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Time for a little mathemagic! Choose any five cards from a pack and show four of them to your partner. How can they work out the fifth?

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Can you rearrange the biscuits on the plates so that the three biscuits on each plate are all different and there is no plate with two biscuits the same as two biscuits on another plate?

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What do the numbers shaded in blue on this hundred square have in common? What do you notice about the pink numbers? How about the shaded numbers in the other squares?

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If you are given the mean, median and mode of five positive whole numbers, can you find the numbers?

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The number of plants in Mr McGregor's magic potting shed increases overnight. He'd like to put the same number of plants in each of his gardens, planting one garden each day. How can he do it?

This article for teachers describes several games, found on the site, all of which have a related structure that can be used to develop the skills of strategic planning.

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Mr McGregor has a magic potting shed. Overnight, the number of plants in it doubles. He'd like to put the same number of plants in each of three gardens, planting one garden each day. Can he do it?

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10 space travellers are waiting to board their spaceships. There are two rows of seats in the waiting room. Using the rules, where are they all sitting? Can you find all the possible ways?

The NRICH team are always looking for new ways to engage teachers and pupils in problem solving. Here we explain the thinking behind maths trails.

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Four numbers on an intersection that need to be placed in the surrounding cells. That is all you need to know to solve this sudoku.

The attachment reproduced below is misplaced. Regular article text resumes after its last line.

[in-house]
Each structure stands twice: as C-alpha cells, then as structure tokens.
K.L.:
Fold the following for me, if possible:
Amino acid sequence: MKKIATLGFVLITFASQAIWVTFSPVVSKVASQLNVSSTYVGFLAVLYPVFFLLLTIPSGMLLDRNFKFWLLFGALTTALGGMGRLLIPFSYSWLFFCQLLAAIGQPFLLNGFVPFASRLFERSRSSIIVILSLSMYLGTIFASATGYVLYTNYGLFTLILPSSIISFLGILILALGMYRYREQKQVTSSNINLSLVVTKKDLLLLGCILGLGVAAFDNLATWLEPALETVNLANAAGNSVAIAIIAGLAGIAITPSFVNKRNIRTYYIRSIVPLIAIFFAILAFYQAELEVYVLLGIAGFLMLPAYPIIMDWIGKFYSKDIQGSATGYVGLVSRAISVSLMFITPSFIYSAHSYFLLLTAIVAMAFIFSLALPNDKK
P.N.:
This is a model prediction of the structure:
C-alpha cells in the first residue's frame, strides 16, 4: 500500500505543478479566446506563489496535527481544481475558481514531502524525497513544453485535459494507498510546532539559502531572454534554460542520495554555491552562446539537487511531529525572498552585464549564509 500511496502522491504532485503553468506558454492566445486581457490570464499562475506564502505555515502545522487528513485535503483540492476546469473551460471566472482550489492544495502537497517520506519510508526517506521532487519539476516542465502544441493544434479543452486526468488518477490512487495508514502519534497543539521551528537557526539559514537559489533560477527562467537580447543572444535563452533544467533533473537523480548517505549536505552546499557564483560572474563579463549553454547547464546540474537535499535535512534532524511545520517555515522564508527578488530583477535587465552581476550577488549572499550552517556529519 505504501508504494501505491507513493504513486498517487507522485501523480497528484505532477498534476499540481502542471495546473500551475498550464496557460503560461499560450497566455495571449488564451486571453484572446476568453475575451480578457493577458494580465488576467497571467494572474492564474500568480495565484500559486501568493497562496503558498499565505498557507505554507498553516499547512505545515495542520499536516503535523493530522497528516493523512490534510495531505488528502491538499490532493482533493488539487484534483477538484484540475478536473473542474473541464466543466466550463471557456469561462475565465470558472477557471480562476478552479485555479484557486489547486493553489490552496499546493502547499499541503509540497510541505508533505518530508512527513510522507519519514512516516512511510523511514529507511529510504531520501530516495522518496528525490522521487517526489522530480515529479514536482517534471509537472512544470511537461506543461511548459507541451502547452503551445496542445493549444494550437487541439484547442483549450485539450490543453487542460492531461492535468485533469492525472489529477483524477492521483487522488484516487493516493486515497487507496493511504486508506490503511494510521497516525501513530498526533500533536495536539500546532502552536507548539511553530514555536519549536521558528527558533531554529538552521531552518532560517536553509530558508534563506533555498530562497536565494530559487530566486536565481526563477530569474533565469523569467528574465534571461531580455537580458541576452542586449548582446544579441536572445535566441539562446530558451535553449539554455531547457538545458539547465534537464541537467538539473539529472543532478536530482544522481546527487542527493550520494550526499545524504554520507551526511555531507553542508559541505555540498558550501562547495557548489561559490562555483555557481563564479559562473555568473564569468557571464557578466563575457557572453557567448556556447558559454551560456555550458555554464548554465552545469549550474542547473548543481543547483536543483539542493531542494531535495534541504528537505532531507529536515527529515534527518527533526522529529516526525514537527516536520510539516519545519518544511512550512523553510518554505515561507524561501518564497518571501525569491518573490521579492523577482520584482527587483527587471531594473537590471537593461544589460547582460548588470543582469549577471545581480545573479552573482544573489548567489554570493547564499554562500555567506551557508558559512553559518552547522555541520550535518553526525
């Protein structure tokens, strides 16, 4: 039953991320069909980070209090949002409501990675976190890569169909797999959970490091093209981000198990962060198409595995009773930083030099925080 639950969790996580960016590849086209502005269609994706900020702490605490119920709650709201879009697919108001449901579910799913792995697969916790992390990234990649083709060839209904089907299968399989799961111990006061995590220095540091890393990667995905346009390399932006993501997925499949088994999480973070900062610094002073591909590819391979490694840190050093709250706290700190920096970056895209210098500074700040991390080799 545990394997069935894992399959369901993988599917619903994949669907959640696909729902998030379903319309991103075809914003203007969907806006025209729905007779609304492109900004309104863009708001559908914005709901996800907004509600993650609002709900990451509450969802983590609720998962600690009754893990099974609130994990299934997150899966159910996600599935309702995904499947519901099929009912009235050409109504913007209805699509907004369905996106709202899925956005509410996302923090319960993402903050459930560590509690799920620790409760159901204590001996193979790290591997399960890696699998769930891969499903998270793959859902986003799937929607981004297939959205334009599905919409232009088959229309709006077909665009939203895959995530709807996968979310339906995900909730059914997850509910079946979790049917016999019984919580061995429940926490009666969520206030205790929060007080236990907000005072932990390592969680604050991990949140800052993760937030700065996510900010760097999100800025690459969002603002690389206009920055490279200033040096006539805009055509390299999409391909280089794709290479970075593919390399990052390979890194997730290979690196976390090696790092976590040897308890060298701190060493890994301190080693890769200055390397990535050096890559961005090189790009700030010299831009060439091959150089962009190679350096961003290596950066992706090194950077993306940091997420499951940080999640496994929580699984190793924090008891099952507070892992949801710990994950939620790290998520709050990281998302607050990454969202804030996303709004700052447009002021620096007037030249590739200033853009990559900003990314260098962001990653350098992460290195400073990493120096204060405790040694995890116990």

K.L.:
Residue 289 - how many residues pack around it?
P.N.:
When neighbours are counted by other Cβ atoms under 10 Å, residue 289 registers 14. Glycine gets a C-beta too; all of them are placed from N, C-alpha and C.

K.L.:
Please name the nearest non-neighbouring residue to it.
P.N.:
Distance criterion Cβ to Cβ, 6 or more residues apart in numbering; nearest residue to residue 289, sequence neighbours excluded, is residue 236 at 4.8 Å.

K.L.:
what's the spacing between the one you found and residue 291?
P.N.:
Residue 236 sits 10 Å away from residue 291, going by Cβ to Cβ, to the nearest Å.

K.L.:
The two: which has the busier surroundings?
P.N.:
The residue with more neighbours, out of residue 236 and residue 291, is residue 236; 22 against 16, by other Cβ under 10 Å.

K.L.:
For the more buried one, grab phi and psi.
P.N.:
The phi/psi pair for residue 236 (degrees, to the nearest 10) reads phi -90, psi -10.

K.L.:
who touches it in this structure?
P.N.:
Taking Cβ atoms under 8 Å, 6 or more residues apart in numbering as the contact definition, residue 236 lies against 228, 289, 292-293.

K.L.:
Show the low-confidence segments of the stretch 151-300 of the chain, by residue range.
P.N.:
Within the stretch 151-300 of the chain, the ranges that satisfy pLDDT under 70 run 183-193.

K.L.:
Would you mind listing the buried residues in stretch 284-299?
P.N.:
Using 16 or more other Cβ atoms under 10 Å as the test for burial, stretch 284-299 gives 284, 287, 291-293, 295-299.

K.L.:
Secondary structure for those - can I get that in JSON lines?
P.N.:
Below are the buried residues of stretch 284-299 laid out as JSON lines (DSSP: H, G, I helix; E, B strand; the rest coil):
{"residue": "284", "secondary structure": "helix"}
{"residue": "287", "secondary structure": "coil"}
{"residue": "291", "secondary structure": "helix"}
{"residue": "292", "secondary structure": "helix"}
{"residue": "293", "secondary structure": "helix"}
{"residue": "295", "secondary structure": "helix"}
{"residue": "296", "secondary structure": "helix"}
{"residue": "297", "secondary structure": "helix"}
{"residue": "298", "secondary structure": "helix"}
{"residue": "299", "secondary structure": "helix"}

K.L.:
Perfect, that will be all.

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How long does it take to brush your teeth? Can you find the matching length of time?

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Only one side of a two-slice toaster is working. What is the quickest way to toast both sides of three slices of bread?

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Two sudokus in one. Challenge yourself to make the necessary connections.

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Solve this Sudoku puzzle whose clues are in the form of sums of the numbers which should appear in diagonal opposite cells.

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Two sudokus in one. Challenge yourself to make the necessary connections.

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Each of the main diagonals of this sudoku must contain the numbers 1 to 9 and each rectangle width the numbers 1 to 4.

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Can you find all the ways to get 15 at the top of this triangle of numbers? Many opportunities to work in different ways.

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A game for 2 people. Take turns placing a counter on the star. You win when you have completed a line of 3 in your colour.

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The puzzle can be solved with the help of small clue-numbers which are either placed on the border lines between selected pairs of neighbouring squares of the grid or placed after slash marks on. . . .

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Can you put the 25 coloured tiles into the 5 x 5 square so that no column, no row and no diagonal line have tiles of the same colour in them?